Between May and July in 1995, all eight federal plaintiffs were arrested on state criminal charges filed in Shawnee County, Kansas. Three of the plaintiffs were arrested on more than one criminal case. There were thirteen state criminal cases pending against the eight plaintiffs when this civil rights complaint was filed in federal district court. Bail bond was offered in each of the thirteen cases.

In four of the thirteen cases, surety bonds, ranging in amounts between $250 and $500, were specified as the bail bond. In another four cases, own recognizance cash deposit ("OR-cash deposit") bonds, ranging in amounts between $500 and $5,000, were set. In the remaining five cases, cash bonds, ranging in amounts between $100 and $2,500, were specified. Of the thirteen cases, the plaintiffs allege that only Darlene Washington was unable to meet the bond requirements and was still incarcerated as of August 3, 1995. Washington was offered a $2,500 cash bond. The plaintiffs further allege that in five of the nine cases in which OR-cash deposit bonds or cash bonds were set, the plaintiffs were required to post the money themselves without the aid of sureties or family members.

What the plaintiffs do not allege is also important to note. They do not mention whether they ever sought or requested modification of the bonds set. Nor do they say whether they ever challenged the constitutionality of the administrative order and local rule in the original proceedings or in a separate habeas corpus action. Finally, the plaintiffs do not allege the particular status or posture of the different criminal cases.

ORDER 96 AND DCR 3.311

In January of 1995, the Kansas Supreme Court issued its administrative Order 96 that offered an "own recognizance-cash deposit" ("OR-cash deposit") pretrial release program to all state judicial districts. For those judicial districts already using such a program, the court ordered them to adopt a local rule that substantially complied with the "example" which the court attached to Order 96. For those judicial districts not using such a program, the court authorized them to adopt such a rule whenever the judges of a district determined they should. The second paragraph to Order 96 plainly states that the OR-cash deposit pretrial release program would serve simply as one more means for pretrial release to those currently available by Kansas statute.2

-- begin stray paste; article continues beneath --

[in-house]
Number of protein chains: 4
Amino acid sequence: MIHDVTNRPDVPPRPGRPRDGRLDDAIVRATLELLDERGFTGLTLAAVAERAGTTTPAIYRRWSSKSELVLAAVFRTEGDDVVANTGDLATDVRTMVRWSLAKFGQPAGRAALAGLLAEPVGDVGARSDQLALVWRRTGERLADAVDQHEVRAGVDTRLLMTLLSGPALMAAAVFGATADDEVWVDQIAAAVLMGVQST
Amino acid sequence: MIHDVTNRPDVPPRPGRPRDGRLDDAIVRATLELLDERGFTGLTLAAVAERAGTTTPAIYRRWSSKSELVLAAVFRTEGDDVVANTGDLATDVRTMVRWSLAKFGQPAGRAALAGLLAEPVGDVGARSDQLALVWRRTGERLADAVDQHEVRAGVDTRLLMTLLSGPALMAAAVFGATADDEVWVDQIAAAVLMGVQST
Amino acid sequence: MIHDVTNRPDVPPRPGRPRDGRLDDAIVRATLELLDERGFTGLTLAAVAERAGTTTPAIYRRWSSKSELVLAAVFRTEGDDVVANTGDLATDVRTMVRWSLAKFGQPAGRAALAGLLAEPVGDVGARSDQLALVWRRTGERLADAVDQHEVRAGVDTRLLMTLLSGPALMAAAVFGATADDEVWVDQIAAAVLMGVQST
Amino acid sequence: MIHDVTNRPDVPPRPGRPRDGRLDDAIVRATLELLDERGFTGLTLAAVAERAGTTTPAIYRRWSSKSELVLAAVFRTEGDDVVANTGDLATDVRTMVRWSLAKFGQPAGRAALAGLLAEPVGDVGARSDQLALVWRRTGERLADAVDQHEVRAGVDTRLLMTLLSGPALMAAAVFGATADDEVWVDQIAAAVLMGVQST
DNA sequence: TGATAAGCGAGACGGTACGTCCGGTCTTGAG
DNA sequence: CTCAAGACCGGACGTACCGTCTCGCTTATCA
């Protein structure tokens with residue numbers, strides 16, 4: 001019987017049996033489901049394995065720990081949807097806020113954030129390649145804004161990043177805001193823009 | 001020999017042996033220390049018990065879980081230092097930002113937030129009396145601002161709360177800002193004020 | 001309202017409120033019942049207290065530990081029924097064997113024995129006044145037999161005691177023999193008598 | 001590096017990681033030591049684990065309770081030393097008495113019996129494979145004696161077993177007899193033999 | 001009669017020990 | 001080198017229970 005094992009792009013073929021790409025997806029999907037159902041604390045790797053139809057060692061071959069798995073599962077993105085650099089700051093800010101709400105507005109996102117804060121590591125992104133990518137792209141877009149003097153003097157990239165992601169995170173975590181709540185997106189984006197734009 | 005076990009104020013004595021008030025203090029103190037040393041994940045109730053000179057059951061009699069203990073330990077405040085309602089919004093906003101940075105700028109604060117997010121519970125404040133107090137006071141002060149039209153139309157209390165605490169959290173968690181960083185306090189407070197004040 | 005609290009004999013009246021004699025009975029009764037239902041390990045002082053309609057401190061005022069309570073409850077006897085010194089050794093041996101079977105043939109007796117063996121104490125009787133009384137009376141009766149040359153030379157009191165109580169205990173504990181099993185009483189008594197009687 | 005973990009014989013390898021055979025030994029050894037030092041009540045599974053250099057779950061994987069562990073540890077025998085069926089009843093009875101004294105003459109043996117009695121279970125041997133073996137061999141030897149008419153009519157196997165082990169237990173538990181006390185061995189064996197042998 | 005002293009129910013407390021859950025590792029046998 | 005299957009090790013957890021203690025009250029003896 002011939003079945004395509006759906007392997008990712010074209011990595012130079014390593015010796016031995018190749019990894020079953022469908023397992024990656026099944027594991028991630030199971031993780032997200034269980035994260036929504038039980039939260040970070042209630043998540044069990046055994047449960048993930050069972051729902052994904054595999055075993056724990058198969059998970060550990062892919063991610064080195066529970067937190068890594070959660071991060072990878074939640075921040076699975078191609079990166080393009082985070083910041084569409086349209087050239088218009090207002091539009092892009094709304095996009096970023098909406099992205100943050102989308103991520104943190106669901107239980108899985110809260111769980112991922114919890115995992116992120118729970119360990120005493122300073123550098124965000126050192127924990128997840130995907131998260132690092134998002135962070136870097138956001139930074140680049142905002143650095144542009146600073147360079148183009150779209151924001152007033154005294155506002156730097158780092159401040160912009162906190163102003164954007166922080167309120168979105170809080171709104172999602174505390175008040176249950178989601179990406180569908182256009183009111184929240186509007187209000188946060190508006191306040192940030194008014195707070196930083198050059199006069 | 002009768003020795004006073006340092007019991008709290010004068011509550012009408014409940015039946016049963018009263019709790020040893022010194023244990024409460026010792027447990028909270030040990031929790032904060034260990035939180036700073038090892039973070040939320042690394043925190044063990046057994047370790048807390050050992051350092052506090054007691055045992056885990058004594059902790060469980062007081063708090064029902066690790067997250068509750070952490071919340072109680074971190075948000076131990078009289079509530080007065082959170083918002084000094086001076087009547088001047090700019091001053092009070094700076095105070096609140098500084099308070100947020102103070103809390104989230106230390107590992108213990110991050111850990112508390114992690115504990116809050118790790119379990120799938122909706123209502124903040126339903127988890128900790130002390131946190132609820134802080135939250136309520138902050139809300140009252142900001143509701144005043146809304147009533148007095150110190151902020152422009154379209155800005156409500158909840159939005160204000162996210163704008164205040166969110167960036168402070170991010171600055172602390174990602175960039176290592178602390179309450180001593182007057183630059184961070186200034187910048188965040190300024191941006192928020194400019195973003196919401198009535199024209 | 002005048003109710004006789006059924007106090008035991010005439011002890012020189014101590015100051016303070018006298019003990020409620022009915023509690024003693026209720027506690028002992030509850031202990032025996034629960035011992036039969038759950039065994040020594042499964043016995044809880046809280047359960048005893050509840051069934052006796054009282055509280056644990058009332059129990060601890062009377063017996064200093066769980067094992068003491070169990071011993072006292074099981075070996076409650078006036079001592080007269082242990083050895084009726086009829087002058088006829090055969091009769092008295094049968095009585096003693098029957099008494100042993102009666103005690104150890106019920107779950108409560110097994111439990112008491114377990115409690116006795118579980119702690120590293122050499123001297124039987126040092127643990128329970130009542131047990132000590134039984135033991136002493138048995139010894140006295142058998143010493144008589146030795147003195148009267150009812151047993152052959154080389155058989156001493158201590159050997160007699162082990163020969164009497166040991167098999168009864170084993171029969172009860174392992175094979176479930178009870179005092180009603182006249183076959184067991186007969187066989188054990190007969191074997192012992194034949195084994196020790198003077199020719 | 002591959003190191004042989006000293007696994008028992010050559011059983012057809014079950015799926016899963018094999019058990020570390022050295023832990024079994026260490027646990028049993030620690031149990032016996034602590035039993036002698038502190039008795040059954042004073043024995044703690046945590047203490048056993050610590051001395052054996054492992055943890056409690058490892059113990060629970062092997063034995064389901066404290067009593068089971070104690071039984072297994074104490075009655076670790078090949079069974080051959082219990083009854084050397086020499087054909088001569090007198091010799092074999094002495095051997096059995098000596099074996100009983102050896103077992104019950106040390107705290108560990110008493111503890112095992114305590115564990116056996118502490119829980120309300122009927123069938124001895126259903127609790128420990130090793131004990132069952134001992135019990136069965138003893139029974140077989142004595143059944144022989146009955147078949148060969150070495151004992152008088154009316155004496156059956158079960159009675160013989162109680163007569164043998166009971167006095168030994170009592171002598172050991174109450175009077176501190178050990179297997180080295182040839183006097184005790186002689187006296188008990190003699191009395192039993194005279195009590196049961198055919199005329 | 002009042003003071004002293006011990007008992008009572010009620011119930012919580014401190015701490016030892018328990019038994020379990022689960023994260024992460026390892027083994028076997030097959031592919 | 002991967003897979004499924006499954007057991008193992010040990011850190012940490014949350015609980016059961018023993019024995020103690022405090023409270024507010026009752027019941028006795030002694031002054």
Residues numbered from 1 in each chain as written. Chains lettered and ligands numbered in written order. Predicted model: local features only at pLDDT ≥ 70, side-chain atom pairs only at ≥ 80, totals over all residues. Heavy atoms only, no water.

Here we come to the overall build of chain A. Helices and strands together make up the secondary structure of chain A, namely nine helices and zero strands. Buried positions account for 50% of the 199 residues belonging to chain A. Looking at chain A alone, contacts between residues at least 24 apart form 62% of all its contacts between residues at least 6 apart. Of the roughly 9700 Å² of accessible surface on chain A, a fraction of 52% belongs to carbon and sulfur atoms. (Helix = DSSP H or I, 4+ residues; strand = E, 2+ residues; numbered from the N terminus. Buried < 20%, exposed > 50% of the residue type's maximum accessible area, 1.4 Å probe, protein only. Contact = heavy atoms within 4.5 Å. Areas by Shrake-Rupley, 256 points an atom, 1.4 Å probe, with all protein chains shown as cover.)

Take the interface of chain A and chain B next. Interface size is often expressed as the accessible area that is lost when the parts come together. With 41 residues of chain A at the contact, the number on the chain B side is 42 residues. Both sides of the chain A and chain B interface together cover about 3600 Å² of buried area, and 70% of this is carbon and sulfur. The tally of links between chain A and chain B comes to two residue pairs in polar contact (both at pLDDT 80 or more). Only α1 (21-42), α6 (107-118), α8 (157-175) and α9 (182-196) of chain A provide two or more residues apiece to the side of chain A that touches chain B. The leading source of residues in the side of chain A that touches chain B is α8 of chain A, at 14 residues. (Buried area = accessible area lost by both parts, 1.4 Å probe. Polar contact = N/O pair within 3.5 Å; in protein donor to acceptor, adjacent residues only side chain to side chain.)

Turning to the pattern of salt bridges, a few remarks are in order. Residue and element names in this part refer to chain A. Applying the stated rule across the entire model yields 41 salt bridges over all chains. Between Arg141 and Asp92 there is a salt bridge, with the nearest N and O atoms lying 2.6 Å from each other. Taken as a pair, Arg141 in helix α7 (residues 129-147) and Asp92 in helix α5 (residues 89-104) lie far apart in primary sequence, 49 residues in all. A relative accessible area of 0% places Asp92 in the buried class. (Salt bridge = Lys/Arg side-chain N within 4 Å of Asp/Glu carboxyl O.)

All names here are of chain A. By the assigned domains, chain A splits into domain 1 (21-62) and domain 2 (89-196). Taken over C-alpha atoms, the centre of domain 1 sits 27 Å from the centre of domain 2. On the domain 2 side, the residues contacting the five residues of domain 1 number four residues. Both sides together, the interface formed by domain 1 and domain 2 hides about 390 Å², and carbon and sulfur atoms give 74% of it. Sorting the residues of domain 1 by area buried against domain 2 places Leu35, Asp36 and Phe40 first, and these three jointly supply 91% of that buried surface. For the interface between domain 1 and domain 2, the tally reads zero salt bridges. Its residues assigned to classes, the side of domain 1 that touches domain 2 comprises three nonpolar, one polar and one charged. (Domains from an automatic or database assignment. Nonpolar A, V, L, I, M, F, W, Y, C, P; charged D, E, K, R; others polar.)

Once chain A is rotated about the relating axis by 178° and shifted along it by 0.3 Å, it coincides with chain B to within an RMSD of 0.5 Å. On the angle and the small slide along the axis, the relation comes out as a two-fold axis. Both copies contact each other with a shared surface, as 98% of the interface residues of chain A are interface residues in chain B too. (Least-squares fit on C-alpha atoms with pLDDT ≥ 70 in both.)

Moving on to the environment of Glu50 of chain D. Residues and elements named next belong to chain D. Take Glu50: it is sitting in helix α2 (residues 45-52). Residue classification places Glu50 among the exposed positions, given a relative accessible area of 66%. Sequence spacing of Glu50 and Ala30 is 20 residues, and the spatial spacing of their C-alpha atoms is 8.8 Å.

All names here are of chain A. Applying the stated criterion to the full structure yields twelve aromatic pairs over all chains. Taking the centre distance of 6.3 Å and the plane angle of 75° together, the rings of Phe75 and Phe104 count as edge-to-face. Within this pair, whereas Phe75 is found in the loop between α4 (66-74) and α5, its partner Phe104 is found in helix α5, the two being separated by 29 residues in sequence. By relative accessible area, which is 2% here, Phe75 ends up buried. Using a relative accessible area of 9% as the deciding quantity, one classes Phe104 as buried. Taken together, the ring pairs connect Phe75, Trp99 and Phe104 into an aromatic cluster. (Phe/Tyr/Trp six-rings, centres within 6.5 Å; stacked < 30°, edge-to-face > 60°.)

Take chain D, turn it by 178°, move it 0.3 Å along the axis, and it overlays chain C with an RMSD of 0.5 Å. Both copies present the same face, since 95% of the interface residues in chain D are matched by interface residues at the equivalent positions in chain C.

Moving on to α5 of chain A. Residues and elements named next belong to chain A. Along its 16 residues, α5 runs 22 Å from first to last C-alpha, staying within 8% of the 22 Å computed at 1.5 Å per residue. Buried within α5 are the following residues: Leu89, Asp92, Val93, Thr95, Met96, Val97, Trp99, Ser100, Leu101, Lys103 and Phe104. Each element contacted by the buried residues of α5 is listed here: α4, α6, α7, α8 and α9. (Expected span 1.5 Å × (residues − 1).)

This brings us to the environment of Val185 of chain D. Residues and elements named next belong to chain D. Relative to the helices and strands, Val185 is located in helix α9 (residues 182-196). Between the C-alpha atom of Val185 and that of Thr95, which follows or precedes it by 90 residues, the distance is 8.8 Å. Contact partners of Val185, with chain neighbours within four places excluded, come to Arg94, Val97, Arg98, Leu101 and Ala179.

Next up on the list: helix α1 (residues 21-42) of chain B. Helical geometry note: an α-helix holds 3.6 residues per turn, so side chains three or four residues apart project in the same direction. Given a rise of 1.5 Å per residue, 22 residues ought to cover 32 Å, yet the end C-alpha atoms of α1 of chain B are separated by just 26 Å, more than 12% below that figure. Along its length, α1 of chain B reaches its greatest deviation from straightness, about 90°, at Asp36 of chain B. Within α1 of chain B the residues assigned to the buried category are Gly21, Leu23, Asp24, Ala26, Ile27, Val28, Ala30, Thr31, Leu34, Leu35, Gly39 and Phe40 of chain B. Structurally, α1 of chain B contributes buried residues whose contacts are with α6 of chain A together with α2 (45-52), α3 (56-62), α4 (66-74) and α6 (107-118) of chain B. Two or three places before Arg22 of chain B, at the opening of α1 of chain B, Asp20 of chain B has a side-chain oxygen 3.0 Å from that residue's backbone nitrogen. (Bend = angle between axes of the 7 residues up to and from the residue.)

On March 12, 1995, the Third Judicial District of Kansas adopted DCR 3.311, as its local rule counterpart to the example provided by the Kansas Supreme Court in Order 96. There are several material provisions to this rule. It includes an automatic bond schedule ("ABS") which sets the amount of bail bonds for certain offenses. The rule authorizes certain officers of the court who are sworn in as deputy clerks of the district court to permit persons in custody to post bonds in accordance with the rule. If the person in custody is not eligible for an ABS bond, then the person is to be brought before a judge for the setting of a bond. The rule generally outlines the various criteria relevant in considering the kind and amount of bail bond. The rule authorizes OR-cash deposit bonds on these conditions:

7. ... Any person determined eligible to be admitted bail on an OR-cash deposit bond under this rule or OR bonds set as OR cash deposit by a district judge, shall deposit with the clerk of the court cash equal to 10 percent of the amount of the bond and execute a bail bond in the total amount of the bond. All other conditions of the bond set by the court and this rule must be satisfied.
8. ... The cash deposit shall be held by the Clerk of the Court until such time as the accused has fully performed all conditions of the bond and is discharged from all appearance and financial obligations to the court. When an accused has been so discharged, 90% of the cash deposit shall be returned to the accused upon surrender of the cash deposit receipt previously issued by the Clerk. Ten percent of the cash deposit shall be retained by the Clerk as an administrative fee.
9. A cash receipt for an OR-Cash deposit bail bond shall be issued only to the person being released on bond. Any person posting cash for another person shall be informed that any cash posted as a bail bond is the property of the accused person and may be subject to forfeiture, application to payment of court ordered financial obligations and will be refunded only to the arrested person. Any arrangements to furnish bond money are between the lender and the accused person.
10. When an accused person who has posted a cash deposit bail bond is discharged from all appearance and financial obligations to the court and files the receipt for the cash deposit with the Clerk, the refundable portion of the cash deposit not allocated to court ordered financial obligations shall be refunded to the accused or assignee by the Clerk.
13. All bail bonds issued in this judicial district are subject to this rule and the